Referring to FIG. 12, each tab 136 is connected along one edge 138 to the paper lid 120, thereby providing a hinge for movement of the tab 136 down into the socket 134. The socket 134 comprises walls whose interior surfaces define an opening. In particular, a first wall 140 is parallel to and faces a second wall 142. The first wall 140 is preferably a portion of the inner track wall 112, as can be seen in FIG. 8. The tab 136 is pressed downward into the socket 134 and a tool (not shown) is inserted through an opening 144 in the base of the tray 102 to cause the tab 136 to bend to form a generally U-shaped cleat, as shown in FIG. 12. The wall 140 has a lip 146 at its upper end extending into the socket 134. The free end of the tab 136 resiliently abuts the underside of the lip 146 to provide a secure attachment of the lid 120 to the tray 102. Four such points of attachment for the lid are preferred, but three would be adequate and are used on a small version (not shown) of the suture packet.
With the needle-suture assembly 104, 106 disposed in the tray 102 and the lid 120 attached using the tabs 136 deformed as U-shaped cleats, the packet 122 is placed in the cavity of the bottom foil 126 and the top foil 128 is placed atop the bottom foil 126. The package 100 is shown in exploded side view in FIG. 13 and in its assembled form in FIG. 14. After processing through the sterilization procedure, the peripheral seal is formed and the package 100 is ready for shipment. FIGS. 16 and 17 show the package in top and bottom plan views in its final sealed condition.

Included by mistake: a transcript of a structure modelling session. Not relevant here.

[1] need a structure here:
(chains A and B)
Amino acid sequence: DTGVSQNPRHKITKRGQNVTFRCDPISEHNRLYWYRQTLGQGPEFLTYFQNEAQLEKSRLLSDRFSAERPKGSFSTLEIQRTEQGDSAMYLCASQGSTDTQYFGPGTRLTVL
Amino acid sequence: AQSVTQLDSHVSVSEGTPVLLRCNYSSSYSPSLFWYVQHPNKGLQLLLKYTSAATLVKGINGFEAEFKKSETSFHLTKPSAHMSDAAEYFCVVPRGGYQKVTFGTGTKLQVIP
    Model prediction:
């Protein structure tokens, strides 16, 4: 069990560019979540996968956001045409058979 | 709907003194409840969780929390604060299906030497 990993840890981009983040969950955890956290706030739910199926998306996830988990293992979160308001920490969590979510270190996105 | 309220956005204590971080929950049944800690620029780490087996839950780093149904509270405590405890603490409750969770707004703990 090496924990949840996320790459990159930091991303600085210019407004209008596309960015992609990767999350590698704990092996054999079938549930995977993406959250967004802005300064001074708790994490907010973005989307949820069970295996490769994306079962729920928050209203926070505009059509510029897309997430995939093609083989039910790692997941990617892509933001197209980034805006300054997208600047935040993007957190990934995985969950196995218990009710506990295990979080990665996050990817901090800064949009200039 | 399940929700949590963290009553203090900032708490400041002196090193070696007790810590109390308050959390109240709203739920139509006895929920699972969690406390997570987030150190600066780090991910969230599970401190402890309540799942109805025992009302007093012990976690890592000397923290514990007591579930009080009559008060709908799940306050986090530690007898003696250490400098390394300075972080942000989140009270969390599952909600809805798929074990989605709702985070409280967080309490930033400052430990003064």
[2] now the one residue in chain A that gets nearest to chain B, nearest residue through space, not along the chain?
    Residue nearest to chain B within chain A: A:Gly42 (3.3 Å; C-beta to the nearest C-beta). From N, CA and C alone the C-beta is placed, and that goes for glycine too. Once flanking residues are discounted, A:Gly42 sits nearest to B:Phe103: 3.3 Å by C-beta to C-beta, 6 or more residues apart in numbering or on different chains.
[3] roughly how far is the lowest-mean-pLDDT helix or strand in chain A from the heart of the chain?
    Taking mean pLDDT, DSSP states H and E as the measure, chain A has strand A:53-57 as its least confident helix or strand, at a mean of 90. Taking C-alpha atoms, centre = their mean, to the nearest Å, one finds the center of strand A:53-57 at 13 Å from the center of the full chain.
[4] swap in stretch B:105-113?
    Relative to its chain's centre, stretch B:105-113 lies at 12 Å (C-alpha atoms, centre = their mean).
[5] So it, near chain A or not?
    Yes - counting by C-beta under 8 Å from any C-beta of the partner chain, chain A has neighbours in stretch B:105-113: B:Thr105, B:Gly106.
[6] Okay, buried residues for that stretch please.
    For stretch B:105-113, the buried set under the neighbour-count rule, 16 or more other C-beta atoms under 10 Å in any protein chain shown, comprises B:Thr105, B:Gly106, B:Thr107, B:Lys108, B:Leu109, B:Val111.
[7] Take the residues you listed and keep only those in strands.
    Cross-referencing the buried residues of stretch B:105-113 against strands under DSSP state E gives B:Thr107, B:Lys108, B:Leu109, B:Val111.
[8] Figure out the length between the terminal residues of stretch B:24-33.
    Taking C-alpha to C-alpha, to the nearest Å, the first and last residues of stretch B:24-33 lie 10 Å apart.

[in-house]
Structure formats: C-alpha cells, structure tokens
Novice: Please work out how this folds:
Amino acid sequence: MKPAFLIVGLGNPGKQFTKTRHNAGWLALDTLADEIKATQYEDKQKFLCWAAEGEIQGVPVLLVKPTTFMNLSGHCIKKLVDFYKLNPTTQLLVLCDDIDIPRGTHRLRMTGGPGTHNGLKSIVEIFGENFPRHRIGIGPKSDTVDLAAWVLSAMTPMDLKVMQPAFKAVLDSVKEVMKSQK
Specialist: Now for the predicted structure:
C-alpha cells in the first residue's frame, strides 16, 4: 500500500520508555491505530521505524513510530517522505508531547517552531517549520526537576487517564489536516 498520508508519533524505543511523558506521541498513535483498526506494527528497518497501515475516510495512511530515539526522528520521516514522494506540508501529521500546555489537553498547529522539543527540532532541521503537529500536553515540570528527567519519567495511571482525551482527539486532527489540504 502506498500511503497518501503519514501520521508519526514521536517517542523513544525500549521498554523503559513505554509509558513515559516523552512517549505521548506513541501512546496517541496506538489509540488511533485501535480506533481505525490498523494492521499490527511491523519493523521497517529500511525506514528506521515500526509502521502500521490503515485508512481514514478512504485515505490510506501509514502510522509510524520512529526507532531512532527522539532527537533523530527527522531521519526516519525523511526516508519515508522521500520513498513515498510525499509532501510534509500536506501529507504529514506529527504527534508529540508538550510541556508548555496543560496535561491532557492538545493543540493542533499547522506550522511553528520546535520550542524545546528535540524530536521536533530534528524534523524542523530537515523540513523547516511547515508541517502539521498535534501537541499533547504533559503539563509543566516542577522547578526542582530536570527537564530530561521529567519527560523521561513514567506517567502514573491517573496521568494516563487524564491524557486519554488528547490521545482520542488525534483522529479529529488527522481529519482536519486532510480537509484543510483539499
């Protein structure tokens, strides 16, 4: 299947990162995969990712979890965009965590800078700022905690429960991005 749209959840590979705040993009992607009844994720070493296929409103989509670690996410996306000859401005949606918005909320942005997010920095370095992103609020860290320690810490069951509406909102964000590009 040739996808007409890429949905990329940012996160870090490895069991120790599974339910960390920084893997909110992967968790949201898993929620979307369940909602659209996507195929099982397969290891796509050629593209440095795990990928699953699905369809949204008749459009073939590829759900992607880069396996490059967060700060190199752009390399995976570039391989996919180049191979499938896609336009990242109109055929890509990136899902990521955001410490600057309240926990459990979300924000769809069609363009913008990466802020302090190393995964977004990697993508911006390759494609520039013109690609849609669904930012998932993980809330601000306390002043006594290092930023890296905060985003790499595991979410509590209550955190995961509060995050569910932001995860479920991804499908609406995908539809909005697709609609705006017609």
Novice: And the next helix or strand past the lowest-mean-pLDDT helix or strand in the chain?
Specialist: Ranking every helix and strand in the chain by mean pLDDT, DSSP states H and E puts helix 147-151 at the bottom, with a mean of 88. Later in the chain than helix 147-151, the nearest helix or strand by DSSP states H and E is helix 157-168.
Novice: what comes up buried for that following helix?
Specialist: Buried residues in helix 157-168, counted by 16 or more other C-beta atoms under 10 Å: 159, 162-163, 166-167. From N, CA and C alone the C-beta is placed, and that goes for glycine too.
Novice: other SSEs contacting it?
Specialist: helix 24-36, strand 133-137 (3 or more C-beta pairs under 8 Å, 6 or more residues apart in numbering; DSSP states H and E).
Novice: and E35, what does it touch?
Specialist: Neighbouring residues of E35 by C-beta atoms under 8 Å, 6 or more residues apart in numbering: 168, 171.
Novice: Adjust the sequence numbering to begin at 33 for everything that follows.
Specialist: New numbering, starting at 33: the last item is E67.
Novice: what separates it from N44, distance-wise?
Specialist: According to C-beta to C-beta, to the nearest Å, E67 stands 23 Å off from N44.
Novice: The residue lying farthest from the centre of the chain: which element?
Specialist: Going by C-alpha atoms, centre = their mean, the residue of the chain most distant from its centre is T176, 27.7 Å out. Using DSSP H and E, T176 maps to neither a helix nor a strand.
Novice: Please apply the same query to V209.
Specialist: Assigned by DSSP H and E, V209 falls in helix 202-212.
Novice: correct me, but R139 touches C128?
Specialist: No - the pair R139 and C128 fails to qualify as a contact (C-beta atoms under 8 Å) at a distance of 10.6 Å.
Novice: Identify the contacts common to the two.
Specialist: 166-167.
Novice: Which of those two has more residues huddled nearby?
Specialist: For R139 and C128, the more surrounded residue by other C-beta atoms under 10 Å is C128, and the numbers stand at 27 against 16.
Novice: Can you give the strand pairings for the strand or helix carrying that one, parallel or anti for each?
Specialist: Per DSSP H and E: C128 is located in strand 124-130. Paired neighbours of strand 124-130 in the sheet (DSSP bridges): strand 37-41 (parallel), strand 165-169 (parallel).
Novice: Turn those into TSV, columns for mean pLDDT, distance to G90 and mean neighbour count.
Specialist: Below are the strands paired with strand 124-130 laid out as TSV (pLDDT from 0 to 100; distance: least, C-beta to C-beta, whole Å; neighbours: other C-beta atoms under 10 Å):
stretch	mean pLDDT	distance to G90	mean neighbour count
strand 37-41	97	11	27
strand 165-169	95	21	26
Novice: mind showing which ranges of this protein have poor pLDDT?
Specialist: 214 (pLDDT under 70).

In the preferred embodiment of the improved surgical suture package 100 of the present invention, a peripheral heat seal is provided around the cavity 130 within which the suture packet 122 is retained. The location of the peripheral seal is denoted by reference numeral 148 in FIGS. 16 and 17 and corresponds to the area of the peripheral flange 132 seen in FIG. 8.
The preferred shape of the cavity 130 is seen in FIGS. 8, 16 and 17, and has an apex-shaped front edge 150. The portion of the peripheral seal adjacent to the front edge 150 of the cavity 130 has a similar apex or chevron shape and includes a pointed leading edge 152. To the right of the seal in the orientation of FIGS. 16 and 17 are unsealed flaps, reference numeral 154 designating the bottom foil flap and reference numeral 156 designating the top foil flap. As seen in FIG. 16, the bottom flap 154 extends slightly beyond the end of the top flap 156. This facilitates grasping the flaps with one's fingers and pulling them apart to open the package 100.